The novela Mulheres Apaixonadas (2003) was the debut of a black actress who showed talent, but as a stereotypical character, the maid Zilda portrayed by Roberta Rodrigues, is a sensual woman who was harassed by the teenage son of her employers.
Zilda brings one of the worst stereotypes attributed to black women, as highlighted Lucia Loner Coutinho (2010) “This image of the lewd black woman, corrupting the element of family order, represented in an almost animalistic manner, is one of the biggest stereotypes that accompanies the culture and image of blacks.” She points out, citing philosopher Sueli Carneiro (2002), the image attributed to the black woman was fixed to Brazilian culture due to the relations of the times of slavery when the slaves were accused of corrupting the family order to seduce their masters. “The slave and colonial society contributed immensely to the creation of the myth of hot women, assigned, still today to black and mulata women by oral tradition and disseminated in the intellectual realm through literature.” (Carneiro cited by Coutinho, 2010).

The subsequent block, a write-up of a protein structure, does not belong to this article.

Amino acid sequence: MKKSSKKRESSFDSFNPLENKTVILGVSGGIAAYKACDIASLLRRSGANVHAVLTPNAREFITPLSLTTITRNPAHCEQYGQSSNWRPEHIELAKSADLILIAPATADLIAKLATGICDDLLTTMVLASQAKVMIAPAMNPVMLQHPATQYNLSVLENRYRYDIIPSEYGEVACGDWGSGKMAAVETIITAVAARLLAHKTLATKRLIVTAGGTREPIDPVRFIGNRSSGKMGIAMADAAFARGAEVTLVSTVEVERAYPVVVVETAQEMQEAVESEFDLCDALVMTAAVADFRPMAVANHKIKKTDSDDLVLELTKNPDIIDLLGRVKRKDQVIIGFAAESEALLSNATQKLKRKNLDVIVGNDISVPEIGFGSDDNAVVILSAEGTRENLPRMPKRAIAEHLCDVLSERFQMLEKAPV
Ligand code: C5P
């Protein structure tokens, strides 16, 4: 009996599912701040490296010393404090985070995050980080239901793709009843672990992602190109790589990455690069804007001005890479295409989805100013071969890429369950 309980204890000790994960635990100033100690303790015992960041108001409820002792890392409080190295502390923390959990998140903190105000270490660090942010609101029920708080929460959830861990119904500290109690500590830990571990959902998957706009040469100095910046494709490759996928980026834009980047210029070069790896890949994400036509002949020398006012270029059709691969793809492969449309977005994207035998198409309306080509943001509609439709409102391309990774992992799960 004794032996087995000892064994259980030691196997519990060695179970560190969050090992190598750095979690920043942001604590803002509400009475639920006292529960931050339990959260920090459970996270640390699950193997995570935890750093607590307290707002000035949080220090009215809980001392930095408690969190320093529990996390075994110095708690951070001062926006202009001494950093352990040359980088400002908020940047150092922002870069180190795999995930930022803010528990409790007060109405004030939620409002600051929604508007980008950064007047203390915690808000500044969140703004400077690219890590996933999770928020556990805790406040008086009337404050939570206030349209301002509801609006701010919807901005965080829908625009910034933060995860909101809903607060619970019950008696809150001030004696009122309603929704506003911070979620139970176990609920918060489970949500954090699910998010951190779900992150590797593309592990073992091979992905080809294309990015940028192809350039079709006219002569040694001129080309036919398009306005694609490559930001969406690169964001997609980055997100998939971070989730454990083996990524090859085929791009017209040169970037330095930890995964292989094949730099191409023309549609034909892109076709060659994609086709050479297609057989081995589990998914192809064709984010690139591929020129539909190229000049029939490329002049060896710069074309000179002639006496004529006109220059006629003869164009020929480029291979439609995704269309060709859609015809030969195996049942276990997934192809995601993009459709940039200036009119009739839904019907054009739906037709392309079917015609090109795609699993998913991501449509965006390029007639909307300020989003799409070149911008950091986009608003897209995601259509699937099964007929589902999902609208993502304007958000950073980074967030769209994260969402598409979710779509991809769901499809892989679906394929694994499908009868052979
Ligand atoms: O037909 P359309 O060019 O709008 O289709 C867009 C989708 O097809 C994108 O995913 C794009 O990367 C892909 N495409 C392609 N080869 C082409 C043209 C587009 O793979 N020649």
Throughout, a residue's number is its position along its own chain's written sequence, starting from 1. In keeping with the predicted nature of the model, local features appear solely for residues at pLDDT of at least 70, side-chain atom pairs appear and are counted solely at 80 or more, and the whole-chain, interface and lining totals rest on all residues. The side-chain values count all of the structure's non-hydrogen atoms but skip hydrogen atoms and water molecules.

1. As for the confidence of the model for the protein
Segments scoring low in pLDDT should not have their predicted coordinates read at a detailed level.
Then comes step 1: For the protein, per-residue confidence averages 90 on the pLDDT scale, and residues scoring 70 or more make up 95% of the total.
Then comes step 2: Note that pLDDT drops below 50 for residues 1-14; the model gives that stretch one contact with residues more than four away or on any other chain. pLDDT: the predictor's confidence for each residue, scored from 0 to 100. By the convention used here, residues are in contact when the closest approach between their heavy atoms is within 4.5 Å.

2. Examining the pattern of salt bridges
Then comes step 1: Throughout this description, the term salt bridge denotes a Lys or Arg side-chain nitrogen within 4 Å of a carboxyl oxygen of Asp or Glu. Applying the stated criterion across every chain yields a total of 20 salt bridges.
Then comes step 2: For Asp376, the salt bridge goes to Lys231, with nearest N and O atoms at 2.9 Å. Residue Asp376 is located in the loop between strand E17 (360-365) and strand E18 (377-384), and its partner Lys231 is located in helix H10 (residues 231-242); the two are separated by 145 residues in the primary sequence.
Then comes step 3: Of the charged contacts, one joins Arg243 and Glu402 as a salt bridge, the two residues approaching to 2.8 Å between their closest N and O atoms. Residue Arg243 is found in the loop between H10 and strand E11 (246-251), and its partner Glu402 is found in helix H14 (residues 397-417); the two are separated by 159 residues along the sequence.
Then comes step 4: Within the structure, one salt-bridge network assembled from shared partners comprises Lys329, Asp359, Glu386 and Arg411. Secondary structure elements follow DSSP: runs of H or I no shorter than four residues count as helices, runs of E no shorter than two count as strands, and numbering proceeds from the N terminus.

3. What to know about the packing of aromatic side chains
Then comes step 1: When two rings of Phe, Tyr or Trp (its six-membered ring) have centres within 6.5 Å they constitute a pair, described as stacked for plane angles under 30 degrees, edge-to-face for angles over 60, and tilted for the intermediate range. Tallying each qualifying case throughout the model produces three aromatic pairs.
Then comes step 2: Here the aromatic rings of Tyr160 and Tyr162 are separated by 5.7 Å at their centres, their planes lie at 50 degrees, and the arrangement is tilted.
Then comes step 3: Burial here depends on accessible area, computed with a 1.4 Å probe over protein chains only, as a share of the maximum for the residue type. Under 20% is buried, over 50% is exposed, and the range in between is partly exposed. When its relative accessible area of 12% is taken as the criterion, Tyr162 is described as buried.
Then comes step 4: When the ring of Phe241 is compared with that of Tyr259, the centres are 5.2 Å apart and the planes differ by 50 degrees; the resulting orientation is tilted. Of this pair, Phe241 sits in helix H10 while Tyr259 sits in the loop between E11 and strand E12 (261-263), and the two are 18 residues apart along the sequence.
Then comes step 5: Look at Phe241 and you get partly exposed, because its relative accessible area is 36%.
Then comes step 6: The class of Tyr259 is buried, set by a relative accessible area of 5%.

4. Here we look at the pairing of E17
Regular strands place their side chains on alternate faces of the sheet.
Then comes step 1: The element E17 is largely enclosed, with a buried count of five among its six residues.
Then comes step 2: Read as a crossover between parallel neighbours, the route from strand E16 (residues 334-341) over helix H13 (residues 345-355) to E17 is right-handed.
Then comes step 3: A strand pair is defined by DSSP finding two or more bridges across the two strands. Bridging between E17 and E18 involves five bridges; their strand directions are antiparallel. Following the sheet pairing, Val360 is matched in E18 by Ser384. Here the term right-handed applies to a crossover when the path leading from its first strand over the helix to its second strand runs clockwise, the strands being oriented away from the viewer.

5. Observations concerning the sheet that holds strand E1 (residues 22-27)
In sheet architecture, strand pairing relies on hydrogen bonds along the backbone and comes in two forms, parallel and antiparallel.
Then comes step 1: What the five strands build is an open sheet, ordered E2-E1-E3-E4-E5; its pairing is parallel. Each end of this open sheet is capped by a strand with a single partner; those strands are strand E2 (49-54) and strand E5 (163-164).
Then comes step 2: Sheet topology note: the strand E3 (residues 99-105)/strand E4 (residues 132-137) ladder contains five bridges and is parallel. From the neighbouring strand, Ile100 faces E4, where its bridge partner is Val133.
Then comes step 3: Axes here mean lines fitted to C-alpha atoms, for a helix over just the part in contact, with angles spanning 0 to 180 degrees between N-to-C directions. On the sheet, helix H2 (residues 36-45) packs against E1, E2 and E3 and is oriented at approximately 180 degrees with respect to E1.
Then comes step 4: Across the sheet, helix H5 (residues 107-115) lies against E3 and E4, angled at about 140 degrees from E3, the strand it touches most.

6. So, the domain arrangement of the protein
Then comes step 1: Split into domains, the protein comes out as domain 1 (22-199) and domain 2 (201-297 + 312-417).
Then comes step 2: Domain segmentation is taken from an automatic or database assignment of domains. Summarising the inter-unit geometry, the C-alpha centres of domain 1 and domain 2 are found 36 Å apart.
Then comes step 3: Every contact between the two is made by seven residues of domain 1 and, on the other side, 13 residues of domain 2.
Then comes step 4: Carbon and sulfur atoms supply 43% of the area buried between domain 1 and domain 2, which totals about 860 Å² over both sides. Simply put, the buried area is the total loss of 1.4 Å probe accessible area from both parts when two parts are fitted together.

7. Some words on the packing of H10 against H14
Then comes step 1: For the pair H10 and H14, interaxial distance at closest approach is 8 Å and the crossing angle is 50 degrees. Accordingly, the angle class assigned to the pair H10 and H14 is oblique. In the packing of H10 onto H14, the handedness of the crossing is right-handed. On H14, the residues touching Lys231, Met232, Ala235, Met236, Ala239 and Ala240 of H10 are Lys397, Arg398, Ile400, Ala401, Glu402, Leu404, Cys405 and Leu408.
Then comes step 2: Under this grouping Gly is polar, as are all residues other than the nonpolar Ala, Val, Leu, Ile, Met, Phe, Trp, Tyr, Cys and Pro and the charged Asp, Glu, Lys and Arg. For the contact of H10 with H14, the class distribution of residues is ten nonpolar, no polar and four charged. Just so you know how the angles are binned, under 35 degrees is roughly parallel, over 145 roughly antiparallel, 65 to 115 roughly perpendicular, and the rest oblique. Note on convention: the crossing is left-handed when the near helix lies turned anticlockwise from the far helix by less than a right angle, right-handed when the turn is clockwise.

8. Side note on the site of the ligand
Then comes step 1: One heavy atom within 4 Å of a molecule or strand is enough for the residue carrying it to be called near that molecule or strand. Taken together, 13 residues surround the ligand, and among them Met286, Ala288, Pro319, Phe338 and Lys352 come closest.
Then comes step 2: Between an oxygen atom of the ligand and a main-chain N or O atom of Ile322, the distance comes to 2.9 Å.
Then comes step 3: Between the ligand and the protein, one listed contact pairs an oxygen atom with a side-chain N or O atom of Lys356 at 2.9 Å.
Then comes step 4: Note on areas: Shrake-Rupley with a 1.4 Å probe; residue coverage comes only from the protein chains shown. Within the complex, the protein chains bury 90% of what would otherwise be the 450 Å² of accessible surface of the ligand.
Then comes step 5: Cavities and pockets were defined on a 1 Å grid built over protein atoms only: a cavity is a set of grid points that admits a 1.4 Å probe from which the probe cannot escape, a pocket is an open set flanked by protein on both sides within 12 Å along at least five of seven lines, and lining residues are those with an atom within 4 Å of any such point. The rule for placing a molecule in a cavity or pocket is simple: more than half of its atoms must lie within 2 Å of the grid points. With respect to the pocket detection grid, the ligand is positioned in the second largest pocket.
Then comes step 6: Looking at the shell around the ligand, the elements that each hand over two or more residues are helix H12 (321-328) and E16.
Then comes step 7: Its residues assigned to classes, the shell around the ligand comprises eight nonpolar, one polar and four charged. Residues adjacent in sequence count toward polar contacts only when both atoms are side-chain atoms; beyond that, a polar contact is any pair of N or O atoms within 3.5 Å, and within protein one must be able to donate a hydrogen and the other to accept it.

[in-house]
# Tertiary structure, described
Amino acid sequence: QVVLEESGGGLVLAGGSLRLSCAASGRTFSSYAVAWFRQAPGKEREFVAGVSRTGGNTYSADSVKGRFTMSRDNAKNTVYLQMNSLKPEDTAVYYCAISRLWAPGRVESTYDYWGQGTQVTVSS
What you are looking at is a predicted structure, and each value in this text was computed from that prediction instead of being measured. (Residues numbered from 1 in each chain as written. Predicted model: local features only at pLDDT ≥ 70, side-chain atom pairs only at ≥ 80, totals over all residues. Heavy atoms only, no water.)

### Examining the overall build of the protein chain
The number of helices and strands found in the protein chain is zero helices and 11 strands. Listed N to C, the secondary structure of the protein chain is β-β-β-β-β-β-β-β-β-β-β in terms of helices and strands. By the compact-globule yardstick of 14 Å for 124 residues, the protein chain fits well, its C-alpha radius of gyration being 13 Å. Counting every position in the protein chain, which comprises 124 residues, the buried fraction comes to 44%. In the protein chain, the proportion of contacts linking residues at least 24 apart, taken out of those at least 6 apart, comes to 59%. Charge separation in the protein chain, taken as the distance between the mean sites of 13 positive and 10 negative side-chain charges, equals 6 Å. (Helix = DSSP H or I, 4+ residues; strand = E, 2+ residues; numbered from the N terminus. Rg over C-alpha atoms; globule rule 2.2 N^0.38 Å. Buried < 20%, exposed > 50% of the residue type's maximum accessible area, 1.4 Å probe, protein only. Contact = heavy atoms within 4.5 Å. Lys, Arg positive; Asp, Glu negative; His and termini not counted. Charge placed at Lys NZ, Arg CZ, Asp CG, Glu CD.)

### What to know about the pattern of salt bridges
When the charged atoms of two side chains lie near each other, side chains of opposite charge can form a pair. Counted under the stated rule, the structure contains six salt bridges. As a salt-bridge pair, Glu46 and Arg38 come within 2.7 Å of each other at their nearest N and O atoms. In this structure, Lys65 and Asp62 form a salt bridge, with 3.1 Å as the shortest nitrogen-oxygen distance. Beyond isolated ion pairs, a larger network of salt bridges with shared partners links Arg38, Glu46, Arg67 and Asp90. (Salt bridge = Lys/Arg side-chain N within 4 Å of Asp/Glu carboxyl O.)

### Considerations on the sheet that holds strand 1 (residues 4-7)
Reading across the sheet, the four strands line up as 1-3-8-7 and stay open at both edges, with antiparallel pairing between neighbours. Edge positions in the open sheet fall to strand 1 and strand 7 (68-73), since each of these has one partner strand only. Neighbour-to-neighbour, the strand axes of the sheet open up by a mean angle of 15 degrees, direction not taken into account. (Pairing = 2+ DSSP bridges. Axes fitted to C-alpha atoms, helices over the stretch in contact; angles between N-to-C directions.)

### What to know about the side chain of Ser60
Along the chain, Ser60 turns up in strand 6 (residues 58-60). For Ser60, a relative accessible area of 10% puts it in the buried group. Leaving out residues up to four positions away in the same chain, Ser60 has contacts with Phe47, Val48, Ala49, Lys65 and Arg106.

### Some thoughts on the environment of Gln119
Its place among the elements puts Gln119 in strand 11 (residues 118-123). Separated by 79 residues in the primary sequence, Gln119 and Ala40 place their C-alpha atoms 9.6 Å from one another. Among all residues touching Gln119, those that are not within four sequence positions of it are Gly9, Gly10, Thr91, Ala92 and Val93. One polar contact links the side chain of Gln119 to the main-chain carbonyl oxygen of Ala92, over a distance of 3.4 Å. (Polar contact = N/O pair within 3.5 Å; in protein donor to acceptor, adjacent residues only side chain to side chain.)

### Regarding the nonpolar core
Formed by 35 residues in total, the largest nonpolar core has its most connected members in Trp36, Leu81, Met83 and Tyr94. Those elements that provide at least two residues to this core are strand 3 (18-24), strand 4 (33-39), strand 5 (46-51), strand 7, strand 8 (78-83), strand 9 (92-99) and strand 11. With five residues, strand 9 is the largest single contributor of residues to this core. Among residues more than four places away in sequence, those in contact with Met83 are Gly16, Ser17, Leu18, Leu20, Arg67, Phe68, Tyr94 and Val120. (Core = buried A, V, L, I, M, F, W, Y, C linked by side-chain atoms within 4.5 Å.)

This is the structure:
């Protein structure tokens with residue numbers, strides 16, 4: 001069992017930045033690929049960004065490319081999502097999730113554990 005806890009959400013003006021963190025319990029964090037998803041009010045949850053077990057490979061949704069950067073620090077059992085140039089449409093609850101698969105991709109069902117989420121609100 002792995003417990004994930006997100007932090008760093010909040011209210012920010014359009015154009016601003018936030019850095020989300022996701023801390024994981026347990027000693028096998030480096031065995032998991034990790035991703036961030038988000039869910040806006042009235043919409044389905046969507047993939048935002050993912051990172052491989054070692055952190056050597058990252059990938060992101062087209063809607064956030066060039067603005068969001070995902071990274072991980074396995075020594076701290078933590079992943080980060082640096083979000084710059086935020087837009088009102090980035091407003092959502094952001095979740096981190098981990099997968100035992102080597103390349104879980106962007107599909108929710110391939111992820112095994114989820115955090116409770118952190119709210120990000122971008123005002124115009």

Note from BW of Brazil: While on the topic of black women, the media and sexuality, we must also mention the 1996 novela Xica da Silva, which was a re-make of the 1976 film of the same name. This novela was somewhat of a scandal at the time due to the then 17-year old actress Taís Araújo being featured in various semi-nude scenes. The counsel of Children and Adolescents (Criança e Adolescente) of Rio de Janeiro requested that the network at the time, Manchete, take the novela off the air. Instead of removing the novela, the network invited an Italian porn actress to heat up the scenes of the series until Araújo turned 18. As if taking advantage of the story to heat up the filming of the novela, the story of Xica da Silva is based on the story of an 18th century slave who is thought to have used her sexuality to entice a rich white diamond contractor into making her a rich woman and bestowing upon her a social status unheard of for black women in colonial Brazil.